2017 is the year of… live content

If you ask me what it’s all about in 2017, what’s the most visible marketing trend this year, I answer without any doubt: live content. It’s all about live content in 2017.

And by live content I mean two things:

  • Live content platforms/functionalities, e.g. Facebook Live
  • The way people create content, e.g. Snapchat

Live content platforms

Saying that it’s popular is like saying nothing. It’s much more than ‘popular’ now. And will be even more.

Facebook Live is everywhere today. People/marketers/bloggers try to build a bigger audience thanks to this platform, and reach even more people than ever before. And they do this successfully, because what’s great about this is that Facebook promotes live videos (it notifies users about someone’s live streams).

The same is with YouTube Live. YouTubers don’t only record videos, edit (so these videos look more professional) and publish them nowadays. They also do live streaming. More authentic videos. Without editing anything. And just like in the case of Facebook… YouTube promotes this kind of content.

And more, and more, and more… because Twitter does live streaming and Periscope does (yeah, it’s owned by Twitter, but also has their own app, so we may treat them separately), music.ly does, even tumblr does. Come on, live streaming is everywhere. Live content is everywhere nowadays. And because every platform promotes it, it will be more and more popular. More and more content creators will create such content.

The way people create content (live content)

I remember the talk with my marketing colleagues a couple of years ago. We discussed the marketing strategy for PayLane (in the case of social media). My idea was to put more casual content on our social media channels, because thanks to that we could gain a more human face. My thinking was: if people realize that there are some normal guys behind the company, they won’t treat us as some typical payment company, a bank or some other financial institution. From my perspective, social media was all about authenticity and it allowed us to build a more authentic/more human brand over the years.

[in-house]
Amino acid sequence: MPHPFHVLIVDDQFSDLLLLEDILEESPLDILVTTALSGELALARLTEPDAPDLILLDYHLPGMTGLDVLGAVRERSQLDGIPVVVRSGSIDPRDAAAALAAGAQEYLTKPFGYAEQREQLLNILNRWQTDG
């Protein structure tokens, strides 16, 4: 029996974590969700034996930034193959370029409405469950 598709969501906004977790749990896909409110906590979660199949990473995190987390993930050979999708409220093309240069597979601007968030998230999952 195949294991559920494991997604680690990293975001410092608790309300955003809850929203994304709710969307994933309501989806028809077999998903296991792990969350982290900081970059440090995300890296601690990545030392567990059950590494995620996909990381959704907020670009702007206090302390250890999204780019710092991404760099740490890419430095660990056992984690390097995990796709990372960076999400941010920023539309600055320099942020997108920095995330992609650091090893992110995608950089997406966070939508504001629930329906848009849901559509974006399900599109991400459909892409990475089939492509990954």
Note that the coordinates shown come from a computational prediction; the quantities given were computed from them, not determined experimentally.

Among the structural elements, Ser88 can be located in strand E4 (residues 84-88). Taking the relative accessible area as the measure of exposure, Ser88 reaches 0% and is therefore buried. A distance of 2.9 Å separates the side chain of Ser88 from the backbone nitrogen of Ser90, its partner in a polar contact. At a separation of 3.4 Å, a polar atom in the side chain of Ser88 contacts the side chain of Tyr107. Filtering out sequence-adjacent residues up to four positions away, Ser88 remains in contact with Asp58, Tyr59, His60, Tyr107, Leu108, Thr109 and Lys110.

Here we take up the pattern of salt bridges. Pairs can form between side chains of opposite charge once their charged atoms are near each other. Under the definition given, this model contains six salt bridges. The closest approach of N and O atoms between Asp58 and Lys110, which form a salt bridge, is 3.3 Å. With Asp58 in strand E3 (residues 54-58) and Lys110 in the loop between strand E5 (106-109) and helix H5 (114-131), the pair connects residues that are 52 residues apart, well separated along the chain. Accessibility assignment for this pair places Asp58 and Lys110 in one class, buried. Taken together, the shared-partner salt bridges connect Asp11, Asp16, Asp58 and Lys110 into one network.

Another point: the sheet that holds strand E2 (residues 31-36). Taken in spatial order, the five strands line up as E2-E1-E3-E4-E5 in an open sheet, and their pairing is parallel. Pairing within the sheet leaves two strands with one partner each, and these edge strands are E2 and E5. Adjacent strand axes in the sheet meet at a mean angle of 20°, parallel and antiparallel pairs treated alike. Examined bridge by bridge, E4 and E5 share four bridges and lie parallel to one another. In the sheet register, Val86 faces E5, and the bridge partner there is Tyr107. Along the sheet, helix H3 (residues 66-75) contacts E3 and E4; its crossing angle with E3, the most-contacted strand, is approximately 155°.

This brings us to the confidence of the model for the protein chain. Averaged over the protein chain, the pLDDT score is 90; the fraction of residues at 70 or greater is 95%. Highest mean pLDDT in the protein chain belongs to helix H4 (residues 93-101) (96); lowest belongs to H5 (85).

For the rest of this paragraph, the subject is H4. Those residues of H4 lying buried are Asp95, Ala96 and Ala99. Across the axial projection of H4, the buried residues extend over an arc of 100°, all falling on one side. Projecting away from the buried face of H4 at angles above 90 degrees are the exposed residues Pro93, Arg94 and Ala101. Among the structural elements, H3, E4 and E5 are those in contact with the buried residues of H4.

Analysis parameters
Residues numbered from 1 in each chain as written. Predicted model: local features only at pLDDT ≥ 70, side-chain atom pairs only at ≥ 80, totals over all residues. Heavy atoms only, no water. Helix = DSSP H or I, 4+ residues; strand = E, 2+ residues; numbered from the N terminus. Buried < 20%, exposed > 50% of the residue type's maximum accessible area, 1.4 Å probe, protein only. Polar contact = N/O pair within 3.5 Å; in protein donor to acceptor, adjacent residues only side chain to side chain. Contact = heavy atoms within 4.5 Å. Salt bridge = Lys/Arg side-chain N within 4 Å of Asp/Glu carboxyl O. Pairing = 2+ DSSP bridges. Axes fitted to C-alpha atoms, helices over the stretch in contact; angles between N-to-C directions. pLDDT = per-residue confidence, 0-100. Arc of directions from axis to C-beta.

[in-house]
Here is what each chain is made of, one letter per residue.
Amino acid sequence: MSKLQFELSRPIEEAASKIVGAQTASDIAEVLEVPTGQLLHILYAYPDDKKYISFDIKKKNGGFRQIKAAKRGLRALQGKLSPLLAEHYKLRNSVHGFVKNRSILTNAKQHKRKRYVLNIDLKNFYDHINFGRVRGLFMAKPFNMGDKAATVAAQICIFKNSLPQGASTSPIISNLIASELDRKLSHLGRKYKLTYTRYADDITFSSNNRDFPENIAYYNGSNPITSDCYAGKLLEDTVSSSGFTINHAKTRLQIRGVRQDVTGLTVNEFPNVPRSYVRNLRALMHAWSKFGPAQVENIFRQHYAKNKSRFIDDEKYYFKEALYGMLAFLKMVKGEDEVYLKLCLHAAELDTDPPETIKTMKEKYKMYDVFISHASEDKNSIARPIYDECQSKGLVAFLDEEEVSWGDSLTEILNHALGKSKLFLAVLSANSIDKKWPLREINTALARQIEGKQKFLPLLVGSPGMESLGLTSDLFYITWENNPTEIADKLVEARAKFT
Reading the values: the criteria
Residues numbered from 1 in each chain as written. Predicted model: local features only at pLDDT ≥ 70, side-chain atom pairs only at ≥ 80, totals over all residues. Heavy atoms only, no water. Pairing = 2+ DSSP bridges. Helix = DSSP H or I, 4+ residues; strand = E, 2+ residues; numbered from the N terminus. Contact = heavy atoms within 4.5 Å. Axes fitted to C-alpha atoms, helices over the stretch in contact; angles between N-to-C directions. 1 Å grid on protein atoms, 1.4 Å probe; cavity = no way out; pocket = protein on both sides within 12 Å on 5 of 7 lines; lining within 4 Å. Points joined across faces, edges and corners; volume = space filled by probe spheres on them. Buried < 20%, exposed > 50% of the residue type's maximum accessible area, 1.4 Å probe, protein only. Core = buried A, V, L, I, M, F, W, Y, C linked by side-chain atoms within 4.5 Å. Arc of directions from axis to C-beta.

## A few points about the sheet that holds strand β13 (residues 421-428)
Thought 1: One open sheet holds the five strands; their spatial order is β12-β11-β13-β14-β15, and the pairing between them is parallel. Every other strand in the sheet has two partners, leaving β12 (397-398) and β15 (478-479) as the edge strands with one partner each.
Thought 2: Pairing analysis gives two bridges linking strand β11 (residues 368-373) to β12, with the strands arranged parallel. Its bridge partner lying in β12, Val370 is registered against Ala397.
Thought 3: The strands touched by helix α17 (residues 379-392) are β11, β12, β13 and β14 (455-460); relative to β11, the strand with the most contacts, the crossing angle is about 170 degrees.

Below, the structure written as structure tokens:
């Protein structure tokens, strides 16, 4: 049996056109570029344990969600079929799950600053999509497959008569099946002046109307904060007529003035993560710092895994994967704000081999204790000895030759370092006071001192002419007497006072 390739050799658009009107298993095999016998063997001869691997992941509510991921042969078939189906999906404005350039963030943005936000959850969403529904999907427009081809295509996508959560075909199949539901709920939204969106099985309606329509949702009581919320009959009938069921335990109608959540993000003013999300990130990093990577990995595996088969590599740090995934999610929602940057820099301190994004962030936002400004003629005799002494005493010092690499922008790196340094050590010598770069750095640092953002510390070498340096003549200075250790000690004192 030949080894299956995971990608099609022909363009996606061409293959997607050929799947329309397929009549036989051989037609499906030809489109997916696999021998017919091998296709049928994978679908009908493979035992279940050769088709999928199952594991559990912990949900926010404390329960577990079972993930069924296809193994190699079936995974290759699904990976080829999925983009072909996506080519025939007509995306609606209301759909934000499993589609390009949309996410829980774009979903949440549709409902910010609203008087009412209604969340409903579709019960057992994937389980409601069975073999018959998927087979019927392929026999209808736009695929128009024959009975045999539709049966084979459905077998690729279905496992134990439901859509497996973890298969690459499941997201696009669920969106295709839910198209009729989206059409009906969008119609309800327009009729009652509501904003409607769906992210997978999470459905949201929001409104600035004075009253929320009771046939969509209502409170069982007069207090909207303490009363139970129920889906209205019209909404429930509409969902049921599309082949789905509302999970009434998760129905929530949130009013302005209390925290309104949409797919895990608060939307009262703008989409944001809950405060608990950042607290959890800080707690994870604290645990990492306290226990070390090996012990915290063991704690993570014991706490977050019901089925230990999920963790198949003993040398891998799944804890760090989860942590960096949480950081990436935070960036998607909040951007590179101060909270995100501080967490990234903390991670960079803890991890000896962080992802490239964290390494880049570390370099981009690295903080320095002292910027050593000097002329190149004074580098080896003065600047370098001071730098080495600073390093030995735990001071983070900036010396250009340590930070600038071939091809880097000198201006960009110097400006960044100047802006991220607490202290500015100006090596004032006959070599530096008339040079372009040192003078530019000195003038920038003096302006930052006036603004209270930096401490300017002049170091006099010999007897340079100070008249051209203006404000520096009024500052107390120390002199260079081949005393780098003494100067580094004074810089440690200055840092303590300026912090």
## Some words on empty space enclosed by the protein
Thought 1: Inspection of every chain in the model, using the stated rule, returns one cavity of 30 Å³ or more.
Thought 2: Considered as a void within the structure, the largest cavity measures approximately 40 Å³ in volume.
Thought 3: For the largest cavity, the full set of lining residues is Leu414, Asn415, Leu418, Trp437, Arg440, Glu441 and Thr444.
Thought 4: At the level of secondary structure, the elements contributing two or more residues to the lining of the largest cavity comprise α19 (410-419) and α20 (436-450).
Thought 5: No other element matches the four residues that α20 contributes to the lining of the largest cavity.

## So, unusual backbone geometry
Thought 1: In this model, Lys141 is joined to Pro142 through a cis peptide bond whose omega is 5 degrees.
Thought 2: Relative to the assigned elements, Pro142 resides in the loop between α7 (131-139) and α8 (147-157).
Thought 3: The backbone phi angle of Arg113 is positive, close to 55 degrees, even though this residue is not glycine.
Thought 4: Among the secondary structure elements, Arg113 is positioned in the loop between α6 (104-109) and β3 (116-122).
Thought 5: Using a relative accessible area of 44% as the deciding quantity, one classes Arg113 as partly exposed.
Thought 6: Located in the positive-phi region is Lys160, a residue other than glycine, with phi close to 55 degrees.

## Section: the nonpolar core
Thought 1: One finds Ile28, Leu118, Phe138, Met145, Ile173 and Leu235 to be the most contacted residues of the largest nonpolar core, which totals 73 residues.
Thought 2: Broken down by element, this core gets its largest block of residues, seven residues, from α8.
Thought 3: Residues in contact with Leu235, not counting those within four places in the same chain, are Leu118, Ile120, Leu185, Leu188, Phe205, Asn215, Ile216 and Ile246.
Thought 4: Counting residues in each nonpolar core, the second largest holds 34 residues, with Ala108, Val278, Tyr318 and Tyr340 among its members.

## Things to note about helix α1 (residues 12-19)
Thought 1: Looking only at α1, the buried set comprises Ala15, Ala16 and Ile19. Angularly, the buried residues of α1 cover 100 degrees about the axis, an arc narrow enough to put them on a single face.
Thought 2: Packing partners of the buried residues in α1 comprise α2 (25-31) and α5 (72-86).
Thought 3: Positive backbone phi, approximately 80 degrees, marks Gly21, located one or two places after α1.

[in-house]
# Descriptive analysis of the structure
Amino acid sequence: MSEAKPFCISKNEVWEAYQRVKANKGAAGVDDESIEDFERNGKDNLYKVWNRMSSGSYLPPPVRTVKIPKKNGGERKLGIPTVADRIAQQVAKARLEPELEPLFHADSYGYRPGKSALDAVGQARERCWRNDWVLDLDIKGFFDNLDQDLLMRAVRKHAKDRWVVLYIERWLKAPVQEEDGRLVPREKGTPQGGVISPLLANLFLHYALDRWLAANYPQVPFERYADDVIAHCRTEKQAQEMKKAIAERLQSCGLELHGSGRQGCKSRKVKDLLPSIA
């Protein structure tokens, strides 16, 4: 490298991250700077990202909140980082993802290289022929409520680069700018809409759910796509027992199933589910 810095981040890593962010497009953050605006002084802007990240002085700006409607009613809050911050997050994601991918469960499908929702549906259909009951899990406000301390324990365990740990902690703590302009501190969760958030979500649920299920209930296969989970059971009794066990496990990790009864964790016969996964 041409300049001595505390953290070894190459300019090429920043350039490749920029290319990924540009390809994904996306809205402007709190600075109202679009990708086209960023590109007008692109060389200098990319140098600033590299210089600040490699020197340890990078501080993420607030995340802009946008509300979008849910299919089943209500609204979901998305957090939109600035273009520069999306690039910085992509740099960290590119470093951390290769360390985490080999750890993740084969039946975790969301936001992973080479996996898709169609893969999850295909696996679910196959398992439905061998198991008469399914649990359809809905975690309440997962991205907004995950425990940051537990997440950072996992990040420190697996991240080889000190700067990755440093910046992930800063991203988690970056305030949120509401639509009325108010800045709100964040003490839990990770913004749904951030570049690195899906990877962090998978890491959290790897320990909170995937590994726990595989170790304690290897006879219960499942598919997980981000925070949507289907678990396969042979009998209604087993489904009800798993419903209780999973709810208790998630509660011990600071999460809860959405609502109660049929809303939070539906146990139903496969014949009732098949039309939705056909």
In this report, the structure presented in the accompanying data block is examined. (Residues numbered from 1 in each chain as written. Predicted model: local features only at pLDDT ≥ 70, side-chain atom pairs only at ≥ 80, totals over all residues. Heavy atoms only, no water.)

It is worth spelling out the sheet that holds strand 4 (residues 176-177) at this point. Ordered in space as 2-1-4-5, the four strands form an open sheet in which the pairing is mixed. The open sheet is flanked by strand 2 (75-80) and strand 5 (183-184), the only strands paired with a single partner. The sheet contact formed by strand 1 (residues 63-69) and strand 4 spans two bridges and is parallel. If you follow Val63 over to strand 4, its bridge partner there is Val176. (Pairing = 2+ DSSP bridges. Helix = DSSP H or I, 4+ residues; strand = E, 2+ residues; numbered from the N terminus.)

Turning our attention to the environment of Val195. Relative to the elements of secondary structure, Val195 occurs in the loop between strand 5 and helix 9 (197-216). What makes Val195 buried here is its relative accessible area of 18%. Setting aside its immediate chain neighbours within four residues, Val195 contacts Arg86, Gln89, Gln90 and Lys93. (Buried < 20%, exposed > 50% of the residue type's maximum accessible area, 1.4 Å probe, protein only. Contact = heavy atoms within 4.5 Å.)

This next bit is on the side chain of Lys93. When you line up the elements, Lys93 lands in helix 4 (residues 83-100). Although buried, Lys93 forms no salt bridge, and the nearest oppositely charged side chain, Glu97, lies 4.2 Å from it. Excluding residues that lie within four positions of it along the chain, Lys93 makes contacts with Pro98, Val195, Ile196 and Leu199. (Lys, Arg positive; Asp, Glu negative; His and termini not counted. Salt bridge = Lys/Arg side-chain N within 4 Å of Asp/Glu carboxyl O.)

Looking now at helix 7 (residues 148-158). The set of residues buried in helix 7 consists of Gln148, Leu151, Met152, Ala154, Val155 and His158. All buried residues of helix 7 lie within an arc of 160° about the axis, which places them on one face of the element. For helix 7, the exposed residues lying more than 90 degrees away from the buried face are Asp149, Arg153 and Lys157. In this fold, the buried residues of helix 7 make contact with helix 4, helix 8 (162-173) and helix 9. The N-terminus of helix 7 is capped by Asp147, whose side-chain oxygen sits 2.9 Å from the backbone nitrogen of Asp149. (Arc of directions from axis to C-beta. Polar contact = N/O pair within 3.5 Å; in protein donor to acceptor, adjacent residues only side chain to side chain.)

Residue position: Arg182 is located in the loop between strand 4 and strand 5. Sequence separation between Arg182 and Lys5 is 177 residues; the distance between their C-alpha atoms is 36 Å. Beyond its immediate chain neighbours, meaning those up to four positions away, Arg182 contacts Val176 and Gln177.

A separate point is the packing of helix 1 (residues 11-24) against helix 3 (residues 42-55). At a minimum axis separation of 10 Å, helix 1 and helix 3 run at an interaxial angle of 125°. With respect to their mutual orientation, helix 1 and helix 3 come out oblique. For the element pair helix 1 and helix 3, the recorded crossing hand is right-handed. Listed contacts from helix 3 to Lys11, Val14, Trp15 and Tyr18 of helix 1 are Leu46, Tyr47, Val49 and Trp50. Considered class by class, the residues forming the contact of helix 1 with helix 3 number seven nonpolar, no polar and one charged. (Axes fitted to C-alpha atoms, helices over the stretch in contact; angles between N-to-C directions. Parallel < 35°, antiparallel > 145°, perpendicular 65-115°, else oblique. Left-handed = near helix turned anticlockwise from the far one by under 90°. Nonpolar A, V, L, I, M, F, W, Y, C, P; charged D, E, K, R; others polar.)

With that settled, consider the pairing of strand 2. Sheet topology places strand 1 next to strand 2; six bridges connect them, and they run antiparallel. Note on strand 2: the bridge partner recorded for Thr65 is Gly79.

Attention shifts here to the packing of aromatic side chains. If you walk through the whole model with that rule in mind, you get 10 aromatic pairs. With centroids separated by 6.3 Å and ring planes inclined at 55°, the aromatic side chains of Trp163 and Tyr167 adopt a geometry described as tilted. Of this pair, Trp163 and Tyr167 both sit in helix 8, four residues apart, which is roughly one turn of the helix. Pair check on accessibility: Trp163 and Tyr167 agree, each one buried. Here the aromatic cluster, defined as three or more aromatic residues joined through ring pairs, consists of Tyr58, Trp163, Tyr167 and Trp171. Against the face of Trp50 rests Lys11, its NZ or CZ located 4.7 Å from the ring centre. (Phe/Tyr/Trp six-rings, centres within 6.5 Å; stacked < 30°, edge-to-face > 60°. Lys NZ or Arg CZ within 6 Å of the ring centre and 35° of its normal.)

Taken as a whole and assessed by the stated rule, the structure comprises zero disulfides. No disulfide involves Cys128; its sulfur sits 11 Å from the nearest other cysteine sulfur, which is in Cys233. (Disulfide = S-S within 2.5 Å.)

Now social media platforms allow us to be even more authentic, to show even more from our humanity. And it’s all because of live content. And it’s all because the way the modern social media platforms force us to create content.

Yeah, Facebook Live or YouTube Live is the one thing. But take a look at platforms like Snapchat or Instagram Stories. On the “old-school social media platforms” (Facebook/YouTube/Twitter) you can choose – to create live content or the standard one. The new platforms often force us to create live content, instead of standard one. On Snapchat, you can send photos/videos to your audience, which were taken/recorded now. Not yesterday, not a week before. Not edited in Photoshop, Final Cut Pro or any other software. Live content, taken/recorded now, possibly, but not necessarily filtered/edited on the spot, in Snapchat. Yeah, of course you can upload some photos or videos from your Camera Roll, but they appear with this awful white border around, so… no. Simply no.

It’s a little bit easier on Instagram (Instagram Stories), because you may use the photos/videos from your Camera Roll (from last 24 hours), but still… the vast majority of content appearing there is the live content (taken/recorded now).

Live content is a damn interesting trend

Honestly, live content is a damn interesting trend. Not thinking if my content looks professional enough to put it online; not spending hours/days/weeks/months on film editing, on removing imperfections from my videos or photos.

No more excuses like: I don’t have professional gear to create this type of content (audio/video), I can’t edit films/photos, I can’t take photos, record videos. Because in the modern world it’s not about looking professional at every turn. It’s all about authenticity.

PS. Yeah, audio is going live too. Good news for the radio stations and podcasters. Honestly can’t wait.


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Entrepreneur, manager, blogger, man and father.
CEO PayLane, founder Squidility, blogger KarolZielinski.com & KarolZielinski.pl.
  • Nick Foster

    I totally agree! I was just talking to my brother last night about how limitations force creativity. Not being able to import highly edited photos into Snapchat forces people to think about what they can do just with their iPhone camera, in the moment. We see the same thing with the time limitations on Vine, or character limitations on Twitter. The limitation of doing things live has the same effect.